On Thu, 18 Sep 2003 22:29:43 +1000, Ian Wilson wrote: > Otherwise the quote upgrade price is about $2500. Lets assume a > designers on-cost is between 25 and 50 dollars per hour - 25 to 50 > hours of improved productivity will pay for it, one week. So, the > question then is how long will I have to be running DXP to get 25 to > 50 hours of productivity improvement? > > That is the real question, not the actual cost. But this is a harder > question to answer. > > I have been a little disingenuous here, I haven't included the > learning curve which is significant in one area - queries. Add a few > days for that.
I think more than just a little disingenuous. I find it extremely difficult to believe that anyone not already familiar with DXP can be as productive as they are with 99SE "in a few days". In fact, this was a major factor in my cost analysis of DXP vs. 99SE that led to my decision to not upgrade. That and the fact that even after I go up the learning curve, I haven't seen anything that will make my designs better or happen more quickly or with less errors.
I'm a reasonably smart guy having many years (20+) of experience with engineering software in general. I figured more like 1-2 months to come up to speed on DXP and become anywhere near as efficient as I am with 99SE (primary rule of engineering management: engineers are eternal optimists when it comes to time estimates! ;-)). I also figured I'd be spending the first week or two just sorting out how everything works in general. Following the posts on the Yahoo DXP list reinforces this conclusion.
I presume you have someone paying for your "seat time", i.e. you have an employer that's issuing a paycheck whether your jobs are completed or not and also continues to pay you while you are "going up the learning curve" with new software. I'm an independent contractor and I don't get paid unless the job gets done, so any time I spend learning new software and struggling with a learning curve are "on my dime".
My situation exactly - if I don't bill I don't get paid, if I don't work I don't bill. Almost all of my work is by the hour, so there is actually little financial incentive to make myself more productive, apart from the long term possibility that my clients may see that others can do more in less time. There is certainly much less incentive to be more productive than someone doing lots of fixed-price work.
As for DXP not being more productive than P99SE. That is wrong. It is easily more productive. The question is are you happy with the pay back time in your situation.
If you do multi-channel work, if you do much simulation, if you want better erc, if better library management is important, if easier creation of large-pin count symbols is relevent, if version control integration is important, then the pay back time will be shorter than someone that doesn't want this stuff. You can see a bigger comparison on the web link I have posted in the past. I get no detailed analysis or feedback from P99SE users on these points so it would appear to me that most of the people complaining about DXP on this list are not actually using it - which is not unexpected but is a bit of a luxury. I would certainly be very interested in other detailed analysis on the advantages of P99SE over DXP. I spent my own time and, hence $, doing this. Anyone else game? I did (and do) this as a bit of a service to the users - sort of my contribution instead of writing open-source software. (Ditto my time on these lists.)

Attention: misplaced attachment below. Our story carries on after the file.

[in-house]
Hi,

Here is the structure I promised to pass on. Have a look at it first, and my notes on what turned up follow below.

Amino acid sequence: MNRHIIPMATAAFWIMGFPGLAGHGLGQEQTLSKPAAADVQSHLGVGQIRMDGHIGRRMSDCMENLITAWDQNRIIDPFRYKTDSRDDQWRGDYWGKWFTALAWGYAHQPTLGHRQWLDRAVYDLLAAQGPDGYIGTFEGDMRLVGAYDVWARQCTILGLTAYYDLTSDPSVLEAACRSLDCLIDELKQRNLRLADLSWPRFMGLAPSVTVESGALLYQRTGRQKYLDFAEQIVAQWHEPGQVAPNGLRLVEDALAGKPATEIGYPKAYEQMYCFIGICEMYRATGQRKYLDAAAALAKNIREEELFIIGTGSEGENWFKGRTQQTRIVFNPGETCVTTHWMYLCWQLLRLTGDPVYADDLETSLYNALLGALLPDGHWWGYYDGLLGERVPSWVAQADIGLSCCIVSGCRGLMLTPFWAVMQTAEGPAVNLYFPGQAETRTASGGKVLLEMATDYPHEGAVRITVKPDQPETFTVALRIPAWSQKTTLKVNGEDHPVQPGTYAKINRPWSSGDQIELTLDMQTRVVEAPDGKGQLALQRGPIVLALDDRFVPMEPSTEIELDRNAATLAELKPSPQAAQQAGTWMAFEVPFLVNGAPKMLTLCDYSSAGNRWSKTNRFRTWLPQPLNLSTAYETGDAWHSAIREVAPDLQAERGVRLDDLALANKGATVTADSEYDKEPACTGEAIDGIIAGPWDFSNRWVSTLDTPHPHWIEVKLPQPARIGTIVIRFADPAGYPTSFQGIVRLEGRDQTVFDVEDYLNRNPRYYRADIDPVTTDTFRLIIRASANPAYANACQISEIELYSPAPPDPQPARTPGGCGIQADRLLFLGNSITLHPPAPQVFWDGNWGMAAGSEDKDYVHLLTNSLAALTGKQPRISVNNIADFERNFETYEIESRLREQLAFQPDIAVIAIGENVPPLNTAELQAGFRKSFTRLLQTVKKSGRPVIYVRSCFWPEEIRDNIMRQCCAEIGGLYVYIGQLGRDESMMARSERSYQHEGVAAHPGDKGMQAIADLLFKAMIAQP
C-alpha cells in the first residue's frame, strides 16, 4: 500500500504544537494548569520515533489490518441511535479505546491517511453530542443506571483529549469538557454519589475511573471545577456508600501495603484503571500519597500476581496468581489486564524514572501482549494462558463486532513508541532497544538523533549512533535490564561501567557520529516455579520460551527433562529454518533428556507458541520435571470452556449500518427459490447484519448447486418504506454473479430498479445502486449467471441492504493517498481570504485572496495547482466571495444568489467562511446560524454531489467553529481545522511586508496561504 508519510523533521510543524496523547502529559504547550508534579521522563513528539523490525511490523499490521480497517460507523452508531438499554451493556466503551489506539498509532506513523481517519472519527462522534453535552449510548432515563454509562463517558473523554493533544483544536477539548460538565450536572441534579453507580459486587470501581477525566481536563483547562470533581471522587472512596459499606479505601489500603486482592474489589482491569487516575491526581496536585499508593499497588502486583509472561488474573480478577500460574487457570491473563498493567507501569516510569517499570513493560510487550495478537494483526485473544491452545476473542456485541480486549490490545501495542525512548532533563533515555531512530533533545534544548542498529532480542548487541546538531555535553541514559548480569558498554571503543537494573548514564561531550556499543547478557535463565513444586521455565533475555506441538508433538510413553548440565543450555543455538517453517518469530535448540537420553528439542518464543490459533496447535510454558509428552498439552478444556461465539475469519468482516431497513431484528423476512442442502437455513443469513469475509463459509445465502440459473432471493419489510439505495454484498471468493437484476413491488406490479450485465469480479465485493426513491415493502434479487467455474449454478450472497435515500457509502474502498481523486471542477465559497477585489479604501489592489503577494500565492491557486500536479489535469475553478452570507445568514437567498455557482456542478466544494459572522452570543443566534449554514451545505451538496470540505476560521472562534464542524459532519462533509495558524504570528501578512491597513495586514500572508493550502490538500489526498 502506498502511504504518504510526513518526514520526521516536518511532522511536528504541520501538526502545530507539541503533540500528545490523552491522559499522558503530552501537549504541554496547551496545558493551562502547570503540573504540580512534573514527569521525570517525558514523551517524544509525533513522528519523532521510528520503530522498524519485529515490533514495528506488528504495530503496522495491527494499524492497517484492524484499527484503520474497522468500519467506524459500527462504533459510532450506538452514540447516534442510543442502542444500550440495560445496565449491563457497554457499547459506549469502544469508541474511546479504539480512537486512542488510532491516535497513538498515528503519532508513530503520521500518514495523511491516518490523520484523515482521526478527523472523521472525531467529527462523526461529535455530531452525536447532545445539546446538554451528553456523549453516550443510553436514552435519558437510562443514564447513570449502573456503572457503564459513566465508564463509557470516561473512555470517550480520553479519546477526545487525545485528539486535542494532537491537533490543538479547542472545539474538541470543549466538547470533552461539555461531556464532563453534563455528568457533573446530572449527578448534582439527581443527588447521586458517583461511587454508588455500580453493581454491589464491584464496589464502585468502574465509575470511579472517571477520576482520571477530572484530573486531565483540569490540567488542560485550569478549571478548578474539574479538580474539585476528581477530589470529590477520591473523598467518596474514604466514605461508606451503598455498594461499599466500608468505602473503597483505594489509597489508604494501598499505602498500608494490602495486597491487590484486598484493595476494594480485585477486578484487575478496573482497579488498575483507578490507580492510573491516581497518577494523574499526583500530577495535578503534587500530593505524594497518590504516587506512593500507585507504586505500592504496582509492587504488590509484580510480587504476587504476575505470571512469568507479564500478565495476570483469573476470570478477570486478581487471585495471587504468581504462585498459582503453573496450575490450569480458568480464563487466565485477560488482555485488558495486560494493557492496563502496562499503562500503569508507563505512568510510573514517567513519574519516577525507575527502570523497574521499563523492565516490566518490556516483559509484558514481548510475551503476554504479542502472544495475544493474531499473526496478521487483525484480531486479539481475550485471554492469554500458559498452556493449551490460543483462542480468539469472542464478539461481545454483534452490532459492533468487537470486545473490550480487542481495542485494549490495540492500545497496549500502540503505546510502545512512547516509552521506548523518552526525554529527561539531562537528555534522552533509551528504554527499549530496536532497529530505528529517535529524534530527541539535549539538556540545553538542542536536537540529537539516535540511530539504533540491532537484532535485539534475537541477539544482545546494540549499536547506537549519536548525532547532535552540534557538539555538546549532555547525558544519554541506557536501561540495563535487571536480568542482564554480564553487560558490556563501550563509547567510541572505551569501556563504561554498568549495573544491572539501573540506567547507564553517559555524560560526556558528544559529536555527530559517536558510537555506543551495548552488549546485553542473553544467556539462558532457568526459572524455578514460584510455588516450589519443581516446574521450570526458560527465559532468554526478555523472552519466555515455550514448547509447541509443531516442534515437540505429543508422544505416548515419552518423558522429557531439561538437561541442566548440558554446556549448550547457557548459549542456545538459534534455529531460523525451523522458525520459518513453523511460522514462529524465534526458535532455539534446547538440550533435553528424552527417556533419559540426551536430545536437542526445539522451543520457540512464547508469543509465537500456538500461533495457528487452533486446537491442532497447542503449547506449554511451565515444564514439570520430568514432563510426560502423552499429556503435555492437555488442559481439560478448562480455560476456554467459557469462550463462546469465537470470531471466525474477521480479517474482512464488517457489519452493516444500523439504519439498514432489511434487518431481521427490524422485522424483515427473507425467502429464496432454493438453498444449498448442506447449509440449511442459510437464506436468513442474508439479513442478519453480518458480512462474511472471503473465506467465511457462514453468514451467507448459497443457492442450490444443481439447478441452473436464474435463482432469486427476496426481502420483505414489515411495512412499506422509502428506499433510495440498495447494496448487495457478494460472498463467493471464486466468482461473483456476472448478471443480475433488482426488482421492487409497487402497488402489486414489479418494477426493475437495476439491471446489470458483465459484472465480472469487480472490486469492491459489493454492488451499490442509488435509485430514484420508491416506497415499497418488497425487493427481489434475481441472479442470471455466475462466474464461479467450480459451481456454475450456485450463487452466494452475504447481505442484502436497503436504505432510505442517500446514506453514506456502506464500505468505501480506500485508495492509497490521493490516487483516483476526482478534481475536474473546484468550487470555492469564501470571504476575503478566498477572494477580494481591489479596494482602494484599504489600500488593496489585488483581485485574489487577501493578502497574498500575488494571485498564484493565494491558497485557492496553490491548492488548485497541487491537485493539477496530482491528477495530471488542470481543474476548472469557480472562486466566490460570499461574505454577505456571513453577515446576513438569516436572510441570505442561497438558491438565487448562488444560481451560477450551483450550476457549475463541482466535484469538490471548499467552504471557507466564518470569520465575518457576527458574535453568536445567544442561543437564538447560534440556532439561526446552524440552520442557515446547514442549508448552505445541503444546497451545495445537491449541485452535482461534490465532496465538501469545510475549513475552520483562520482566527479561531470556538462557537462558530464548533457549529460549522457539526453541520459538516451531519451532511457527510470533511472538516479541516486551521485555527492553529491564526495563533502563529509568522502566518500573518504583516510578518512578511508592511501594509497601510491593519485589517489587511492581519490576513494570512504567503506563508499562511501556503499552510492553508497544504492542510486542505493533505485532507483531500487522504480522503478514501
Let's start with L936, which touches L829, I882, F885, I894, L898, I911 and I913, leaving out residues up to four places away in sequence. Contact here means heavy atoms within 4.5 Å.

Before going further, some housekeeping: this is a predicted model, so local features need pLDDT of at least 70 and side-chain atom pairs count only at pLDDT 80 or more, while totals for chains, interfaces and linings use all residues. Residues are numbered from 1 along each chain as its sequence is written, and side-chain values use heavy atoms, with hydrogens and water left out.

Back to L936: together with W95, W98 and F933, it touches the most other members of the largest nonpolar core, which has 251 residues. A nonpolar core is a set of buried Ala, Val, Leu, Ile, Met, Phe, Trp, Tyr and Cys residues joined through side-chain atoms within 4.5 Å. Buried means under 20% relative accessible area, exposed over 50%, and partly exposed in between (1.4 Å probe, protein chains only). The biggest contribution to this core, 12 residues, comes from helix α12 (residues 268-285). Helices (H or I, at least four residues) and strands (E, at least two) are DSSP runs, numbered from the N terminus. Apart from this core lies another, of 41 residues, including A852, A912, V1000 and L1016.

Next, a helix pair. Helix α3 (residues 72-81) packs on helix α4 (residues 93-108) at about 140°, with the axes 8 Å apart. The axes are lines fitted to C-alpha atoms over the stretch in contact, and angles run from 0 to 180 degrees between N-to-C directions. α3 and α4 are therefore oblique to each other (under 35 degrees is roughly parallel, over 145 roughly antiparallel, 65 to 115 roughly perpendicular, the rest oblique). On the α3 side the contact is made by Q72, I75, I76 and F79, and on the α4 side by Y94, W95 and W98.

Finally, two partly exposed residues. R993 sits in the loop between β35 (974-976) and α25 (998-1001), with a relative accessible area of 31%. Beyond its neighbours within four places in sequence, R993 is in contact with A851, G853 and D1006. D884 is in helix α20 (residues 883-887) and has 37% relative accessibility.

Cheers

I was comfortable with queries in a couple of days, truely. I did not read the detailed documentation that is now available on the query system (and still haven't). I doubt I am more intelligent than most of the other players on this list. So my conclusion is that pretty much everyone else can do this - it does help to have real work to do and real commitment to pushing up the learning curve. The learning curve for DXP in total was certainly longer than the learning curve for the queries alone. If it took me months to get across a new tool like DXP then I would be out of business. I usually give a day for any new instrument, a week for any new software. I may be involved with a shop doing the DXP upgrade in a week or so. I will try to see how long it takes (they will have me there which will colour the results, I guess.)
This is a significant cost to me -- a week of "learning time" costs me ~$3000 in billable work. There has to be an awful lot of productivity increase in DXP vs. 99SE to make it a paying proposition for me.
Maybe I'm missing something, but I haven't seen much in DXP vs. 99SE (at least to this point) that makes a huge difference to designers doing everyday work (schematics and PCB's).
Oft repeated by those not using it. Much less so by those using it. Classic situation. You can see my comparison and make your own decision. My preferred tool is DXP, now by a long shot. I look forward to bug fixes, improvements and the autorouter being made to work on the sort of designs I do. But even without those fixes I am more comfortable and significantly faster in DXP. I do feel very let down by the non-performance, in my experience, of the autorouter - I would guess for many this is a very fundamental part of the upgrade balance.
Just an opinion of a long time Protel user.
Ditto (Autotrax and Dos Schedit).
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